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...and they lived happily ever after. Smith & Lady: poets, artists, photographers & adventurers.
Our relationship was forged to the soundtrack of Yoko Ono's magic,
frenetic, love-laden song, "Walking On Thin Ice." ( play song )
 
   
 
 

Archive for the ‘writing’ Category

Tsi-s-de-tsi, the 4-foot mouse Captain

Friday, December 2nd, 2016

siestasea
her third try at drawing Tsi-s-de-tsi
siestasea2
her first two attempts

Lady’s been writing an alternate Earth novel where a 4-foot female Cherokee mouse named Tsi-s-de-tsi is Captain of a large ocean sailing ship with a crew of 6-foot rats who have rescued a young human girl named Beatrice and an even younger human boy named Hill. It’s for both children and adults. She has 64 pages so far, and the writing is beautiful, the story interesting.

Here’s a taste of four recent pages.

I pronounce Tsi-s-de-tsi (the Cherokee word for mouse) as Siesta-sea, but the actual Cherokee pronunciation is something else. You’d have to check online for itthe correct pronunciation.

She reads each new section to me as it is written, and I am thoroughly enjoying it.

siestasea3
siestasea4
siestasea5
siestasea6

 

Lady’s beginning creation mist

Friday, October 16th, 2015

auntkathy

Lady K’s writing a creation story, inspired by her brother/sisterlaw’s impending double adoption of a 4 yr boy 6 yr girl . . .

Story continues…

A long time ago or now in some way there was a bigness in the itness, a colorful bigness tight against itself. Sometimes colorful, and sometimes bereft of color. Sometimes blackness hugging the big colorfulness. Other times the big colorfulness hugging the blackness. Sometimes pleasantly cool, sometimes pleasantly warm. It depended on the itness’s mood.

It could think in itself and around itself. It worked throughout itself and made thought. OR if it felt like it, the thoughts came from it doesn’t know howwhere unless it intuited wherehow.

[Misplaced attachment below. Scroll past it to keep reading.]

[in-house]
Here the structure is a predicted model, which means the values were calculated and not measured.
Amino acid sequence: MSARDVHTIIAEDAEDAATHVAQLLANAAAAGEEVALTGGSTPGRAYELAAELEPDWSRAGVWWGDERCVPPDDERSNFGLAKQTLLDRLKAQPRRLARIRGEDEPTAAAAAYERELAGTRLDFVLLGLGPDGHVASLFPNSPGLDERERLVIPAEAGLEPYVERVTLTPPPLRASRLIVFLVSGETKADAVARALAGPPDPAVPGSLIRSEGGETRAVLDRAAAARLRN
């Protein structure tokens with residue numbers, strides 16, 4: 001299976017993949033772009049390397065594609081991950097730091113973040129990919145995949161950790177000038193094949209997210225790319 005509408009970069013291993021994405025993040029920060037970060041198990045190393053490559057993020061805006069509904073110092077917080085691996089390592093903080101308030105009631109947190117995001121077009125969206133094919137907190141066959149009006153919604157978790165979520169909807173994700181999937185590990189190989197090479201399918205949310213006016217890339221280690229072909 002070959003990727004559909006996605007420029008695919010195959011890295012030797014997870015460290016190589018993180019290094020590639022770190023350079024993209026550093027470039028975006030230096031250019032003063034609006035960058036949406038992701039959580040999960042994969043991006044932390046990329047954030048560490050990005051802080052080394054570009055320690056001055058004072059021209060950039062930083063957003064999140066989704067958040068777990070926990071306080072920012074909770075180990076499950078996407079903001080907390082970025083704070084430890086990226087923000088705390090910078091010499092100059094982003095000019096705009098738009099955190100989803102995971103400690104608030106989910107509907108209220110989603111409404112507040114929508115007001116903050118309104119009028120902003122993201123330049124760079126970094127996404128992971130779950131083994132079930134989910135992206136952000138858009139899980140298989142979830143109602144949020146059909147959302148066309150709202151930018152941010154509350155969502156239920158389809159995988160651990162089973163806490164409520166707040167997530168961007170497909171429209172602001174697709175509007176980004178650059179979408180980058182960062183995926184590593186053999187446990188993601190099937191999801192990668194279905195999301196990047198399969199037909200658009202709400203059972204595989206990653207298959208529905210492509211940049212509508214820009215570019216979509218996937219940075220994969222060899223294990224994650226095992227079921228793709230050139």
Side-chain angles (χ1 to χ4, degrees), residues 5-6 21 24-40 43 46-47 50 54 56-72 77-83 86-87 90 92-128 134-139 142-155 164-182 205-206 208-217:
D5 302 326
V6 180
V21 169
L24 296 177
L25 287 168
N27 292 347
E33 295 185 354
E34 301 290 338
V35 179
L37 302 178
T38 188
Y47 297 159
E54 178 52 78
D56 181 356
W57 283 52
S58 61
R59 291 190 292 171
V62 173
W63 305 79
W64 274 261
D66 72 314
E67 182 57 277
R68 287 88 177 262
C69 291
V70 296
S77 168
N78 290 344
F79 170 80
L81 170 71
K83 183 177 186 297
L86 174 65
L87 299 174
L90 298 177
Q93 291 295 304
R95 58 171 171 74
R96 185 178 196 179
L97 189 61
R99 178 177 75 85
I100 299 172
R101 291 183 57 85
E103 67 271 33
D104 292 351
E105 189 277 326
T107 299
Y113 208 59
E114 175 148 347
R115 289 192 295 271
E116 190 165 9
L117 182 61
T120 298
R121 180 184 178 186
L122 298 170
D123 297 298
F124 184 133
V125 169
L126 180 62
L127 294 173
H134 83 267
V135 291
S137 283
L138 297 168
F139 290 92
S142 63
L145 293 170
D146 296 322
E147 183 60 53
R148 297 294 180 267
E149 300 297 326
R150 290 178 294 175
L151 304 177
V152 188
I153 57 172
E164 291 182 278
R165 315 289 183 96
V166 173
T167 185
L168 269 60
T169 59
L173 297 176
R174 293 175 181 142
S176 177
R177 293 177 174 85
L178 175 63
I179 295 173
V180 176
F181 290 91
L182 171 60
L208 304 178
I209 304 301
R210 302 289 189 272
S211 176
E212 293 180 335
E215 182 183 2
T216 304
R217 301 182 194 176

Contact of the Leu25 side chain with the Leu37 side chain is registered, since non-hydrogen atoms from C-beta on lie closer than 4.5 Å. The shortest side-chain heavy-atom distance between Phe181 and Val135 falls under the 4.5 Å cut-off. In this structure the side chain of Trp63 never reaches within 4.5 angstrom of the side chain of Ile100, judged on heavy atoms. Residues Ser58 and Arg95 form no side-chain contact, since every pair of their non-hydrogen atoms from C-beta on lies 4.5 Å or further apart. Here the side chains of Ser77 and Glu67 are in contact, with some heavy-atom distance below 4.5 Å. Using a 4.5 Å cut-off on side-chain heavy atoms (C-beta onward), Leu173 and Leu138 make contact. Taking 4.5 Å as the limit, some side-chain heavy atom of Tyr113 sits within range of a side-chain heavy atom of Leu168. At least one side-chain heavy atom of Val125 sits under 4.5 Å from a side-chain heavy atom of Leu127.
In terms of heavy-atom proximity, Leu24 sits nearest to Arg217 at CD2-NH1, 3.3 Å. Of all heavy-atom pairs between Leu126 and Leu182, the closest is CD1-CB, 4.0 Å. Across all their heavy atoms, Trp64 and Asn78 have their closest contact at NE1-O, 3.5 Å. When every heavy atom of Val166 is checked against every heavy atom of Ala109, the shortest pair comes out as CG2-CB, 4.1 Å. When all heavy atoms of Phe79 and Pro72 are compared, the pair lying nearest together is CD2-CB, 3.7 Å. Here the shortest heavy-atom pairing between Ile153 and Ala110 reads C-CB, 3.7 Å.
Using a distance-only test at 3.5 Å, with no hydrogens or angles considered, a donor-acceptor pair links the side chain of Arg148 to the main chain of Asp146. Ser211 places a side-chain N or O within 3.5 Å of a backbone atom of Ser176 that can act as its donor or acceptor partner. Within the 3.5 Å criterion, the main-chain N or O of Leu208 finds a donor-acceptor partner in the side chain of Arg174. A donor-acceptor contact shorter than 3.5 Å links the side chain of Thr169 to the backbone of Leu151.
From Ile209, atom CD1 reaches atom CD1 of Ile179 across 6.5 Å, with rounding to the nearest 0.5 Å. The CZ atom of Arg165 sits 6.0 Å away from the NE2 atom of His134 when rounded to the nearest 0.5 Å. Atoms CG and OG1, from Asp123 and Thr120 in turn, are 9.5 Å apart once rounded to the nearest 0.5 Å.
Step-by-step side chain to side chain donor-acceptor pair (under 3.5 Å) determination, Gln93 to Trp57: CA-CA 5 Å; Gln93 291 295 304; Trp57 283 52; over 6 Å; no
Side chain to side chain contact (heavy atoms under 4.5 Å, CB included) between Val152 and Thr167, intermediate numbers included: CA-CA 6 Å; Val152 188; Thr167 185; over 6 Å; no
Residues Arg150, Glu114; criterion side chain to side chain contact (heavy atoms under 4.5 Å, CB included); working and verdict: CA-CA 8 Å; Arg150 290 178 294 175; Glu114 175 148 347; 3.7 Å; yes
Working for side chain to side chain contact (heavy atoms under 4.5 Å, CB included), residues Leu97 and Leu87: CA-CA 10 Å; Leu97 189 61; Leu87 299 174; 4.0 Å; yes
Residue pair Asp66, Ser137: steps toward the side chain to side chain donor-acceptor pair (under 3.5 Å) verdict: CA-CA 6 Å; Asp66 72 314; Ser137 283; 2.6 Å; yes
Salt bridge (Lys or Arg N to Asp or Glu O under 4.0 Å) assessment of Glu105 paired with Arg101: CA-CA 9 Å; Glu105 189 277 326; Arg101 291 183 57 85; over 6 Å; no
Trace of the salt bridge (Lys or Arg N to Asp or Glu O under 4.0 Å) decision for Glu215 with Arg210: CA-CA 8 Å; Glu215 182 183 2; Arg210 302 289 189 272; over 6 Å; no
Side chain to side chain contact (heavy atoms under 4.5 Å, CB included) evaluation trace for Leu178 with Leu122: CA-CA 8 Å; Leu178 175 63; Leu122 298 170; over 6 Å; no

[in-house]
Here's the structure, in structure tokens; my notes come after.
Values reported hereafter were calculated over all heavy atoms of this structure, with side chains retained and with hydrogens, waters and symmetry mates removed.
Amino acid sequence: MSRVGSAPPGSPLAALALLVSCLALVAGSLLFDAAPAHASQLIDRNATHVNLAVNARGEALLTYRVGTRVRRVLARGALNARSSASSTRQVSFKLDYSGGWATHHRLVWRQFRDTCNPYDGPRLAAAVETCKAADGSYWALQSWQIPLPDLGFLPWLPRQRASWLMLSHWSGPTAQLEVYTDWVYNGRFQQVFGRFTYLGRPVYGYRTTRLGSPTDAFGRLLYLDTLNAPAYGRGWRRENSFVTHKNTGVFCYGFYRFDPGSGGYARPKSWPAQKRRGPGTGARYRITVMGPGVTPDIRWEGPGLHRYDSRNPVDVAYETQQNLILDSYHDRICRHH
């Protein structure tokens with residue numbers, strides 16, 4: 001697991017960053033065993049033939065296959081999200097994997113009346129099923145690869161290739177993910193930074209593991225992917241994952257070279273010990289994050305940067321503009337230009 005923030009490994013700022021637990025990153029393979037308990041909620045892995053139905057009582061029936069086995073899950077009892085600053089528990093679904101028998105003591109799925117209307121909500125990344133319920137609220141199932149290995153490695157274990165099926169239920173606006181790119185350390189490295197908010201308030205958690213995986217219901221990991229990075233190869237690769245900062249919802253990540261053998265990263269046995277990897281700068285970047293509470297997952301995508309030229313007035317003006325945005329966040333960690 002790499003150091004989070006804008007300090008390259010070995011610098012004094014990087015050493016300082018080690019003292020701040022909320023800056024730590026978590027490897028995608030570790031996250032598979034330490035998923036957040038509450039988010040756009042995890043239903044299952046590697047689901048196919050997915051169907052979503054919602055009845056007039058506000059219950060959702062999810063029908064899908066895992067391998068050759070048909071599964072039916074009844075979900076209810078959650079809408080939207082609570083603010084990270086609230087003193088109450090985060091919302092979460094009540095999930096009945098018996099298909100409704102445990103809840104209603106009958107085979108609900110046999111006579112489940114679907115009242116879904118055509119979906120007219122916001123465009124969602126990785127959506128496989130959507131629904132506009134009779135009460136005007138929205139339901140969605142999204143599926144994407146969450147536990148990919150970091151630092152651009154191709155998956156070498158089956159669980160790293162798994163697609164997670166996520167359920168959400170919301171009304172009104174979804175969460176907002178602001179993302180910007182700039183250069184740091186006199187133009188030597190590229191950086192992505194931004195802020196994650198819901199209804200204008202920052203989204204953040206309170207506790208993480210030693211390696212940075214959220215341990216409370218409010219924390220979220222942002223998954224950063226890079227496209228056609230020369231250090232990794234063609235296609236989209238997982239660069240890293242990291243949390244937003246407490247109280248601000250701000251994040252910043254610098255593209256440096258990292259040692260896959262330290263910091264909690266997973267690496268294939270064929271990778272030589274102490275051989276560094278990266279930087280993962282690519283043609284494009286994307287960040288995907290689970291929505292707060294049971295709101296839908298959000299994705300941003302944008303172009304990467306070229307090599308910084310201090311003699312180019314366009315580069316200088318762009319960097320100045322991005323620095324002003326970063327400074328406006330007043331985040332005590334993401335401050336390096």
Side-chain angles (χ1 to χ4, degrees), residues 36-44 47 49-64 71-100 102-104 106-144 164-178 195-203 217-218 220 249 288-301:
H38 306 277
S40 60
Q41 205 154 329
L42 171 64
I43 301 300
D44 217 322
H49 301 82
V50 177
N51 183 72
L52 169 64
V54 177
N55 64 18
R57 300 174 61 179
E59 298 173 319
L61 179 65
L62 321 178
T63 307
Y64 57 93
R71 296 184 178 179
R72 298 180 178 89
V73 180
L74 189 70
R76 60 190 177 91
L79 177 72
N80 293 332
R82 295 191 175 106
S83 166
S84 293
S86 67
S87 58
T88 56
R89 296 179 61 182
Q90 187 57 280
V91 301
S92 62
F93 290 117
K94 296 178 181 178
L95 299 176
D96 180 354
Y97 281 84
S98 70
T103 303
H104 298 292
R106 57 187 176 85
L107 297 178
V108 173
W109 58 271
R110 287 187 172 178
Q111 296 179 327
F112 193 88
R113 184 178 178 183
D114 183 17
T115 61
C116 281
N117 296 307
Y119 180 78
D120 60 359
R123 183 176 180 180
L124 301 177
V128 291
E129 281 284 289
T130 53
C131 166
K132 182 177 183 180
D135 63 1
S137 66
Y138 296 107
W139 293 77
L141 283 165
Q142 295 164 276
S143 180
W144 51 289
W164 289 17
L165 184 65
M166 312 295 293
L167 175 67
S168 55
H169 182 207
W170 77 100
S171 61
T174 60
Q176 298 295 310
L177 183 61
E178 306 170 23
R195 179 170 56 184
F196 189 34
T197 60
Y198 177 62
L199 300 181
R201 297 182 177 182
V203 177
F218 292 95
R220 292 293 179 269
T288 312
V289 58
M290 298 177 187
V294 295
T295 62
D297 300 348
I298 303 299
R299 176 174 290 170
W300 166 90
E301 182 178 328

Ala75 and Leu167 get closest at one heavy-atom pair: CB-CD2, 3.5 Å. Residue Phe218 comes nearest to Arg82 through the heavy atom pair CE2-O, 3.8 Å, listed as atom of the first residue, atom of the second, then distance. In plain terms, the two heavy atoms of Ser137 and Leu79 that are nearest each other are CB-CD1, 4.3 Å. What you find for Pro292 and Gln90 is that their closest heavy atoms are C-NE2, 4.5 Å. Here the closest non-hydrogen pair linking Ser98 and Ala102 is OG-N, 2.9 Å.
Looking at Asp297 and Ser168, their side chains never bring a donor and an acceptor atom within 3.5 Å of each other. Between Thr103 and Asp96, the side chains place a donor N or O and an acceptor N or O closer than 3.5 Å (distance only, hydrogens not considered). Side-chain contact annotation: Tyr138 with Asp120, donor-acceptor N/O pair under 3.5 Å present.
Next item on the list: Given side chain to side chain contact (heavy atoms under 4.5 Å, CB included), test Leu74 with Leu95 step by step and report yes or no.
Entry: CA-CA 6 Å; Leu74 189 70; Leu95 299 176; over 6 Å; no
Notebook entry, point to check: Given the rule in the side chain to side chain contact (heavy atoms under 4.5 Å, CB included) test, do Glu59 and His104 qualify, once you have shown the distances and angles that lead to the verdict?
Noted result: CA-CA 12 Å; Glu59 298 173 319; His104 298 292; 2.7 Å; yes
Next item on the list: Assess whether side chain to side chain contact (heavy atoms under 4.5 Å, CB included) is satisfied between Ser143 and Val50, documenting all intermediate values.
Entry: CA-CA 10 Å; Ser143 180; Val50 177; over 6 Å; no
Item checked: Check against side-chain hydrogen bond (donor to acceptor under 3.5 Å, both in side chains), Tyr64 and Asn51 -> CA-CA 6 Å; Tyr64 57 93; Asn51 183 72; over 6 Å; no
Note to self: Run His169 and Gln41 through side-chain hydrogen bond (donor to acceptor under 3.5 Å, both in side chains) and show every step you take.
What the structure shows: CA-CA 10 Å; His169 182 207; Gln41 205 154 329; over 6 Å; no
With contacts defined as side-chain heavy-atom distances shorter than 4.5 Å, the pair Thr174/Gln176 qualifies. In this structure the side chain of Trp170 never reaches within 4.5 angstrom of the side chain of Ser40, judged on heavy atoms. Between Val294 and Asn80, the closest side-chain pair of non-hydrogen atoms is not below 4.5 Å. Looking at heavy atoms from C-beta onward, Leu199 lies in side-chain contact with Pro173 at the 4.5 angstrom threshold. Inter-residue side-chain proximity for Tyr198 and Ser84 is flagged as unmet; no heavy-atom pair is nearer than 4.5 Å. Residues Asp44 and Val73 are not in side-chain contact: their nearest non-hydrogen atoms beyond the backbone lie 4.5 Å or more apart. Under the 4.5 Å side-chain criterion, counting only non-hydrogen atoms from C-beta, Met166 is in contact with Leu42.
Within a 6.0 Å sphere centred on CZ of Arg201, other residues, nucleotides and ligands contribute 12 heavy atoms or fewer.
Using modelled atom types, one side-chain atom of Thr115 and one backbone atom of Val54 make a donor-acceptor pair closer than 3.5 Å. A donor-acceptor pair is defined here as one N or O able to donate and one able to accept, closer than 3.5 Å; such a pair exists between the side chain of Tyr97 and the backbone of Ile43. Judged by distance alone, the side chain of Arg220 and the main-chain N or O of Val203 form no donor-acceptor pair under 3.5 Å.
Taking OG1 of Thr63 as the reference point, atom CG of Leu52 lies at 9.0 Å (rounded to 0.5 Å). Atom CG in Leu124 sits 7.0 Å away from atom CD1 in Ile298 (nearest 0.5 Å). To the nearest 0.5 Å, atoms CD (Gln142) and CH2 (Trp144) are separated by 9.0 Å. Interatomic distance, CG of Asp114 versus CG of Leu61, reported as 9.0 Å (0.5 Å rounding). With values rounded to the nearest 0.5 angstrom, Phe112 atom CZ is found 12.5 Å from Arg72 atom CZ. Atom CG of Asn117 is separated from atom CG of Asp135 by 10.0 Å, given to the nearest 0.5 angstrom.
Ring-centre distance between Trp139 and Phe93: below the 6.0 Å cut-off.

The bigness felt so lush, like the inside of it was covered in velvet, and the outside warm. Or, like there was no insideoutside, but a lot of itself to turn thisthat way like a churning of sometimes distinct and nondistinct constituent parts. Like a massage insideoutside itself but smeared through totality.

It could make itself really, really small, the bigness itness. But that was just mathematically seen in one way for the germ of it all wasis there like a kerchief in a magician’s magical sequestration space tightly waiting to be pulled into the hungry for fullness of fluttering nonvoidness.

It knew most everything about the simple and nonsimple facts about itself. Even if it couldn’t put words to it, it felt it and knew it that way.

This urge it had was like an itch pushing on the leftrightleft of itself. When the smallbigitness realized it was itchy it wanted to relief itself by inflating like an egg or flattening into a sheet, something to be cracked. Like getting a paycheck and paying the bill. The definite and in.

The bigsmall flattened itself and felt the itch on the leftness of itself like its left ear listening for crunching of creatures solving stiff grasses. Cracks hatched on the left of itself like bubblewrap pop or a scab drying and flaking pleasantly on a scrape, art jutting into mountains of grit and crystals buckling and piling, hatching up. Something made more tangible and textured of its closedsurfaceness, like bark on hands.

Wasn’t all through hatched not like grand canyons or earthquakes or fracks. Was someplaces easy round tessellations of pieces fitting together from completeness. Questions and answers contained in itsbigself. But a tension to pull an orderedness from the right and heap it on the left in piled disarray.

A side note: puzzles are kind of strange because a puzzle could mean that the puzzle is either solved or not. If it’s all together it’s not puzzling, so it’s kind of not a puzzle. But if it’s apart, then it is kind of unpuzzled in that it is not all held together in the puzzle. But it’s also *puzzling* because then it has to be solved. What do you think?

Bigitself thought more could be had pulling the pieces apart and mulling them over. It’s strange, this big thing acting on itself, pulling itself together and apart again again again. Sometimes from the left to the right, sometimes from the right to the left. Wherever it felt something hatching.

One day (day for convenience’s sake) the bigsmallitnonitness felt a kind of urge to play. It felt that more could be yielded of itself, that it had this idea of bobbing waves of trees in a sea of greenness and bobbing waves of water in a cool deepness, of feet walking walking, of its clay wondering, thinking. The undense liquid of air an easy medium for the acts of experiment, of play to be carried. Stars like hot diamonds in the cool easiness of ample space. Stars witnessed through eyes defining our.